Sermons

Summary: A Detailed Study of biblical Marriage and Divorce

Introduction

Second, only to a personal relationship with God, marriage is the single most important relationship that one will ever have. It is also the most HOLY thing a person will ever do. It should be entered into like the High Priest entering into the Holy Of Holies - with reverent fear and trepidation – fully understanding the consequences of failure.

People enter into a marriage with great joy and wonderful expectations of spending the rest of their days with the love of their life. Vows are exchanged, commitments are made, and the journey of learning how to make two distinctly different individuals become one begins.

Sadly, statistical evidence has shown that a majority of all marriages end in divorce. 33% of all households in the USA are single-mom families. Household unwed co-habitation is on the rise.

What is interesting to note is that a Harvard study revealed that couples who read the Bible together regularly, pray together regularly and attend church together regularly have a divorce rate of 1 in 1287, less than one-tenth of one percent!

Contrary to popular belief, the statistical evidence also shows that, on the average, second marriages actually last four years less than the first marriage. It has been said, and I think rightly so, that marriage at its best is a struggle. In order for a marriage to continue and grow strong, it must flow in forgiveness.

First Century Marriage Customs

During biblical times it was customary for fathers to select wives for their sons. The betrothal, or engagement period, could last up to two years. On the wedding day, the bride would bathe and put on richly embroidered white robes. She would then cover her face with a veil, adorn her head with a garland of flowers, and wait for the groom to come to take her away to the wedding ceremony.

The groom, surrounded by his closest friends, would leave his home and begin his journey to pick up his bride. As they proceeded through town, the procession got bigger and bigger as people from each house they passed would join with them—until finally, they would arrive at the home of the bride's parents. Once at her home, they would both proceed to the marriage supper, or wedding feast, which could be held at either the home of the groom’s father or of the groom.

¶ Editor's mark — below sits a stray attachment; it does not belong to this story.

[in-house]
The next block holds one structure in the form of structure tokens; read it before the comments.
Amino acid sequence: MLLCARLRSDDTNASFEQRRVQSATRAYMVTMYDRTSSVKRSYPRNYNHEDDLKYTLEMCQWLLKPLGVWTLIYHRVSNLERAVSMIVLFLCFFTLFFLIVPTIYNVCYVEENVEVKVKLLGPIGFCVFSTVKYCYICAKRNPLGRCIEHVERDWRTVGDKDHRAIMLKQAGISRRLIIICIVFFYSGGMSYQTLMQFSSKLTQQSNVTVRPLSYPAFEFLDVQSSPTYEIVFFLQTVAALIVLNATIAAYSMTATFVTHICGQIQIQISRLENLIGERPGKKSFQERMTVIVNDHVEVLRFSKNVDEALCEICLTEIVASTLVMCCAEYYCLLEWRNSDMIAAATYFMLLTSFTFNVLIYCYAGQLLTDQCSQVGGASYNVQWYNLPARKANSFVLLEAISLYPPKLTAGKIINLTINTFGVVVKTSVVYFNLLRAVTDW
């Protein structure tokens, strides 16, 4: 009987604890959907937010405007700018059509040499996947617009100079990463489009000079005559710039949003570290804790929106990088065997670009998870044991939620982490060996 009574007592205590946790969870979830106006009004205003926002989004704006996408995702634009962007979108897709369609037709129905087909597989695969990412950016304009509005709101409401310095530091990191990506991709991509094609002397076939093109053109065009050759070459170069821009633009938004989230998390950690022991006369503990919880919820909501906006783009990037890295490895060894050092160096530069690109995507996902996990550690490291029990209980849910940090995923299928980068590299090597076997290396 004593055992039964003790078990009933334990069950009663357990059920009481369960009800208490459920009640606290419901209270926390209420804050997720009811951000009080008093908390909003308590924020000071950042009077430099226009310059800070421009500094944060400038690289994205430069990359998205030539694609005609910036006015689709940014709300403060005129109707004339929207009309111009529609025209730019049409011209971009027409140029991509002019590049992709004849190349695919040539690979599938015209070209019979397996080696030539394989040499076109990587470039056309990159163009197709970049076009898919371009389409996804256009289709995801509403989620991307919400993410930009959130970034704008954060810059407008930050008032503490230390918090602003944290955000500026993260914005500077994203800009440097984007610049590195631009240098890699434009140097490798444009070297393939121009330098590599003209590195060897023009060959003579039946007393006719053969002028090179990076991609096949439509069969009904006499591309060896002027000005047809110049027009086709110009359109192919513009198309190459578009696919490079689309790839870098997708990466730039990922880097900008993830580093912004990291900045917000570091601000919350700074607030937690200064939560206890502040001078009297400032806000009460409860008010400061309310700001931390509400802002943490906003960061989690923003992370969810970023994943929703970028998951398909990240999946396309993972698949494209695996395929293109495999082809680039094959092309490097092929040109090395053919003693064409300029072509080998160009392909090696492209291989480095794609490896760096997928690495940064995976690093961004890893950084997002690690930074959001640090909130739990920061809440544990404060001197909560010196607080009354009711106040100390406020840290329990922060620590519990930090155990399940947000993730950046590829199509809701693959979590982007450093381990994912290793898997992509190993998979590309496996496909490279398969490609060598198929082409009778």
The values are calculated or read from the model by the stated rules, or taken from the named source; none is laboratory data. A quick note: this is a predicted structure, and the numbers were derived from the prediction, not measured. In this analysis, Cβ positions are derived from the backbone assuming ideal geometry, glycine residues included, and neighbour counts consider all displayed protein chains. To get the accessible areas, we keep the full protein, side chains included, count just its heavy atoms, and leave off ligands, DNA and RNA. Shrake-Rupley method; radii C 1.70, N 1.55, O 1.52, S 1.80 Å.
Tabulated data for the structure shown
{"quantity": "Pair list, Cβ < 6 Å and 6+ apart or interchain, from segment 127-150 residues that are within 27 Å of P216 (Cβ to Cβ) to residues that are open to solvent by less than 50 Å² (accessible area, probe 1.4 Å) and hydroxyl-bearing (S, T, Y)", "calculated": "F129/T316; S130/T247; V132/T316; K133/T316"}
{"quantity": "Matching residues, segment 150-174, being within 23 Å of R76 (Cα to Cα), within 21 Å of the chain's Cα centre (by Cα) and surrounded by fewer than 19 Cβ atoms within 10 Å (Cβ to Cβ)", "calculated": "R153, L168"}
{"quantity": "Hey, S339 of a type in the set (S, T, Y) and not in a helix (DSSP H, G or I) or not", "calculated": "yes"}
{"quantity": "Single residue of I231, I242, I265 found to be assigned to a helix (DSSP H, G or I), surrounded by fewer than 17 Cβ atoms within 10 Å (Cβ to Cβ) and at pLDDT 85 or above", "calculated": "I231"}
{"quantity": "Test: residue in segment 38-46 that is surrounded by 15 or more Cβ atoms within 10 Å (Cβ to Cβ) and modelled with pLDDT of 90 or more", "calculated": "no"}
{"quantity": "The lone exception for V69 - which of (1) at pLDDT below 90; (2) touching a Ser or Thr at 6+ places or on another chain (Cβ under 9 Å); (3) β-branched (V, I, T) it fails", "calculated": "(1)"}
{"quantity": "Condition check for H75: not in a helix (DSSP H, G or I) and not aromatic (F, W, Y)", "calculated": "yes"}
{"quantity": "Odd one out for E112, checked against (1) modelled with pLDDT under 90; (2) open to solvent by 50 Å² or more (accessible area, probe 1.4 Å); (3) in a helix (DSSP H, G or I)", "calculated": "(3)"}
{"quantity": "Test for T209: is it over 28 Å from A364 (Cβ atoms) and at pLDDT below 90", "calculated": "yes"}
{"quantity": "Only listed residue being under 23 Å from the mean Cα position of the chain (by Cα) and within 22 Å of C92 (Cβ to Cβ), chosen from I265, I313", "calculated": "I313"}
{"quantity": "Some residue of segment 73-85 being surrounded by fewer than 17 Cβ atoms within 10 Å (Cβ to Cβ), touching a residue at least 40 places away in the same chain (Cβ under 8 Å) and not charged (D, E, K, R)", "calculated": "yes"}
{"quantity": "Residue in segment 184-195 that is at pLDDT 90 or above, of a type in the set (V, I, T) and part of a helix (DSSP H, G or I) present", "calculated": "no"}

This was a joyous procession, with the invited guests singing and dancing to the sound of musical instruments as they moved through the streets. Everyone gathered together for a huge banquet, the vows would be made, and the marriage consummated. Wedding festivities would sometimes continue for up to two weeks! The joy of marriage gives a glimpse into the depths of God’s heart for the Bride of Christ!

Part 1- The First Miracle of Jesus

At the beginning of Jesus’ ministry, He attended a wedding in Cana in Galilee. The story is told in John 2:1-11:

“Jesus' mother was there, and Jesus and his disciples had also been invited to the wedding. When the wine was gone, Jesus' mother said to him, ‘They have no more wine’ ‘Dear woman, why do you involve me?’ Jesus replied. ‘My time has not yet come.’ His mother said to the servants, ‘Do whatever he tells you.’

“Nearby stood six stone water jars, the kind used by the Jews for ceremonial washing, each holding from twenty to thirty gallons. Jesus said to the servants, ‘Fill the jars with water;’ so they filled them to the brim. Then he told them, ‘Now draw some out and take it to the master of the banquet.’

“They did so, and the master of the banquet tasted the water that had been turned into wine. He did not realize where it had come from, though the servants who had drawn the water knew. Then he called the bridegroom aside and said, ‘Everyone brings out the choice wine first and then the cheaper wine after the guests have had too much to drink; but you have saved the best till now.’” (John 2:1-10)

Jesus chose to perform His first miracle at this wedding. His transforming power, He caused water to acquire a new form. He showed Himself to be the God of nature by doing this. In the Old Testament, we see that at the beginning of Moses' miracles there was the turning of water into blood. (Ex 4:9; 7:20) By turning water into wine as the first of His miracles, Jesus was showing the difference between the Law of Moses and the law He was to preach—the law of love. The curse of the law turns water into blood; the blessing of the Gospel turns water into wine. Wine represents His spirit. Water represents our spirit. This wine was unfermented, pure with no decay. Our marriages can maintain their purity and avoid decay as we open ourselves up to being filled by the Holy Spirit on a daily basis.

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